REDONDO BEACH, Calif. — Cannabis proponents are using initiatives to push South Bay cities toward commercial cannabis licensing, nearly five years after Proposition 64 legalized cannabis throughout California.
Barry Walker of Dub Brothers Management is the spokesperson for a group that is organizing the petitions. Dub Brothers is a cannabis company with hands in cannabis grow houses, distribution and retailing. Damian Martin, an attorney representing cannabis retailers across Southern California, is also listed as a contact on paperwork filed with Manhattan Beach and Redondo Beach.
What You Need To Know
- Cannabis proponents are circulating initiative petitions in Manhattan Beach and Redondo Beach, pushing for laws allowing commercial cannabis sales; proponents suggest that petitions are also planned for the cities of Hermosa Beach and El Segundo
- Though voters approved Prop. 64 in 2015, the law gives cities the ability to prohibit commercial cannabis sales; each of the four aforementioned cities has established bans
- The initiatives create an application process with a point system that favors established organizations
- Proponents of the initiatives, with established ties to cannabis retailers, have donated to officials in Redondo Beach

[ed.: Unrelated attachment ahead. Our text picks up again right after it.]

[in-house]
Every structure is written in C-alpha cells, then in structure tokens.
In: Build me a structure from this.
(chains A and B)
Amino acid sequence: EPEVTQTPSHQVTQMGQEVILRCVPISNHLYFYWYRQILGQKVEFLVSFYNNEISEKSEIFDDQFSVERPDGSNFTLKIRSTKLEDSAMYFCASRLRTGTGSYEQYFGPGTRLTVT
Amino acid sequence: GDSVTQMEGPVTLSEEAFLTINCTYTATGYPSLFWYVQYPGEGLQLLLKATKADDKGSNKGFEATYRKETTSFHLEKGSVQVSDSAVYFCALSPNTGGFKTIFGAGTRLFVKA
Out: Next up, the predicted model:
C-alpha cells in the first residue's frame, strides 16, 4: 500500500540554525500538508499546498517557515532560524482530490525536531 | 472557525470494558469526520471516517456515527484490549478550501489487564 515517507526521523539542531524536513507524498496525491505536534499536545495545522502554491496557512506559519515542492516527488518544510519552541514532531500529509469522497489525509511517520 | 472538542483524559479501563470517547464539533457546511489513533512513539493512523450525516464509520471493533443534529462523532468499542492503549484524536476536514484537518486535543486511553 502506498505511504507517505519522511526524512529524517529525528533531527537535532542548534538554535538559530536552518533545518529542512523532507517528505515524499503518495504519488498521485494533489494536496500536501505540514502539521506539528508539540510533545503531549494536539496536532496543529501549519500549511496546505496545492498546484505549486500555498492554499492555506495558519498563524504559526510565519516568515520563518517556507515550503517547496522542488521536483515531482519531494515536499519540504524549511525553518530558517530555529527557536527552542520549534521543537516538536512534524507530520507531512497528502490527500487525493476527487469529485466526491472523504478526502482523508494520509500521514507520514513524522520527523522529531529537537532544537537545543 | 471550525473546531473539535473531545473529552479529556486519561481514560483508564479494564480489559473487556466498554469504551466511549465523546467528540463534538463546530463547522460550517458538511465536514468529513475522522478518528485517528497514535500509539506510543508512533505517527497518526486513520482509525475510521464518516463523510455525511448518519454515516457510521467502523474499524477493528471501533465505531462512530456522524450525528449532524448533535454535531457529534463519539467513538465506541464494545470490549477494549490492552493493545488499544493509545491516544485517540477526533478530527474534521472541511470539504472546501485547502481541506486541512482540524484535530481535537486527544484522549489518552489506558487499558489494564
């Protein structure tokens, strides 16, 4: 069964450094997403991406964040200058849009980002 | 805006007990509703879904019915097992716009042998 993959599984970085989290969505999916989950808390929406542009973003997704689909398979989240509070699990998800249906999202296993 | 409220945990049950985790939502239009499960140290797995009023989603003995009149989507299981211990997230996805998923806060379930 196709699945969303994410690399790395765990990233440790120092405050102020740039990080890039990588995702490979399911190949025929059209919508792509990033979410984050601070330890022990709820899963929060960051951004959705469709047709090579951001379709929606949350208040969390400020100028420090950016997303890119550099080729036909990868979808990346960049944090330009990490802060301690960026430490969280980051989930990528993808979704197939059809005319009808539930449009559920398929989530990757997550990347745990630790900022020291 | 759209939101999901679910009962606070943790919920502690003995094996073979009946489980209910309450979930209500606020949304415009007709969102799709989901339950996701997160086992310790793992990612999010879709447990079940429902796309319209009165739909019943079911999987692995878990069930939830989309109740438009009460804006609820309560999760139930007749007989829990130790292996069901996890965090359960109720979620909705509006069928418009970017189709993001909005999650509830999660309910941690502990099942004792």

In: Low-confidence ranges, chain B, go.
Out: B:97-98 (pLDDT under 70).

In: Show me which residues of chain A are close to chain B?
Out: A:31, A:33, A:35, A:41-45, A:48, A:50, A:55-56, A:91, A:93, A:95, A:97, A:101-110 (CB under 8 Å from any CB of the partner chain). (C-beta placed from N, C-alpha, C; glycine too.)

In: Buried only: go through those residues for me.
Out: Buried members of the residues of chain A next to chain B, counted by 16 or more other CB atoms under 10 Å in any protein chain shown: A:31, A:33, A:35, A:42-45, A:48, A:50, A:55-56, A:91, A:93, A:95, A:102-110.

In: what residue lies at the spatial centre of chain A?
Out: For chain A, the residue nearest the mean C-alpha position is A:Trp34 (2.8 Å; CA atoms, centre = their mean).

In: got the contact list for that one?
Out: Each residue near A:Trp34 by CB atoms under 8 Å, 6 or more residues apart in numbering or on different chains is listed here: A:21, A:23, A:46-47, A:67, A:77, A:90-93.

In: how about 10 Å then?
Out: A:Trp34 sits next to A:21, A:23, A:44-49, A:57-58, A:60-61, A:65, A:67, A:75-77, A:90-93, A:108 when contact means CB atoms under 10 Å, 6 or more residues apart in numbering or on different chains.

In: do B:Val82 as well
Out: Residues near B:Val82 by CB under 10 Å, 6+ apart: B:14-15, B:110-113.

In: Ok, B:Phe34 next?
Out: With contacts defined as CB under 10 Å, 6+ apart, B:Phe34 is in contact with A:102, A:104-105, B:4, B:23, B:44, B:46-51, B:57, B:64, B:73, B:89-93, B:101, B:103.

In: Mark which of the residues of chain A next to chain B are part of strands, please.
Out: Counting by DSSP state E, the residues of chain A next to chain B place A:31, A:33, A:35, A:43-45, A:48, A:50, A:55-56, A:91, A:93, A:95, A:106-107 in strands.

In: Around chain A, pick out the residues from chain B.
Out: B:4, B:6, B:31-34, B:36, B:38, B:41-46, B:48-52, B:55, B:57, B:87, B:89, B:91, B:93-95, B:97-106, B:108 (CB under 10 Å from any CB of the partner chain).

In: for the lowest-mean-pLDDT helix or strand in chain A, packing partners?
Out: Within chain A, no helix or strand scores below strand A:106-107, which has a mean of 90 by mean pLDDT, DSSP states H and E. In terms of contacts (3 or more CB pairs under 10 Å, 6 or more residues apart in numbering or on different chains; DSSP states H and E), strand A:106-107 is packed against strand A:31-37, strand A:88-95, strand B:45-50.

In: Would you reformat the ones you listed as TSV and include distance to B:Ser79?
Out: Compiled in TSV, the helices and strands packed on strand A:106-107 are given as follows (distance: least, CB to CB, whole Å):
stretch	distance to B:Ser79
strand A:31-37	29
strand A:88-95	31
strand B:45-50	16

“The initiatives are basically designed to get the public involved,” Walker told Spectrum News 1. “Prop 64 was passed four years ago, and we’ve looked into all these South Bay cities — voters were about 65% in favor, but the cities haven’t really done anything.”
The initiatives, as proposed by Walkers’ group, are proposed ordinances with the stated purpose of “accommodat(ing) the needs of medically-ill persons,” as well as “regulat(ing)” commercial cannabis operations within the cities. The initiatives would also ensure that as many as three state-licensed dispensaries would be allowable within the affected cities. Currently, the initiatives are in the process of gathering signatures in the cities of Manhattan Beach and Redondo Beach, though Walker acknowledged that similar petitions are quickly forthcoming for Hermosa Beach and El Segundo.
According to state law, once a petition has gathered enough signatures — at least 10% of the city’s registered voters — the local governing body has three options: it may adopt the proposed initiative without changes; it may submit the unaltered initiative to voters via special election; or it may order a report reviewing the initiative at a forthcoming meeting, after which the initiative must be adopted or sent to voters.
Published: September 14, 2021
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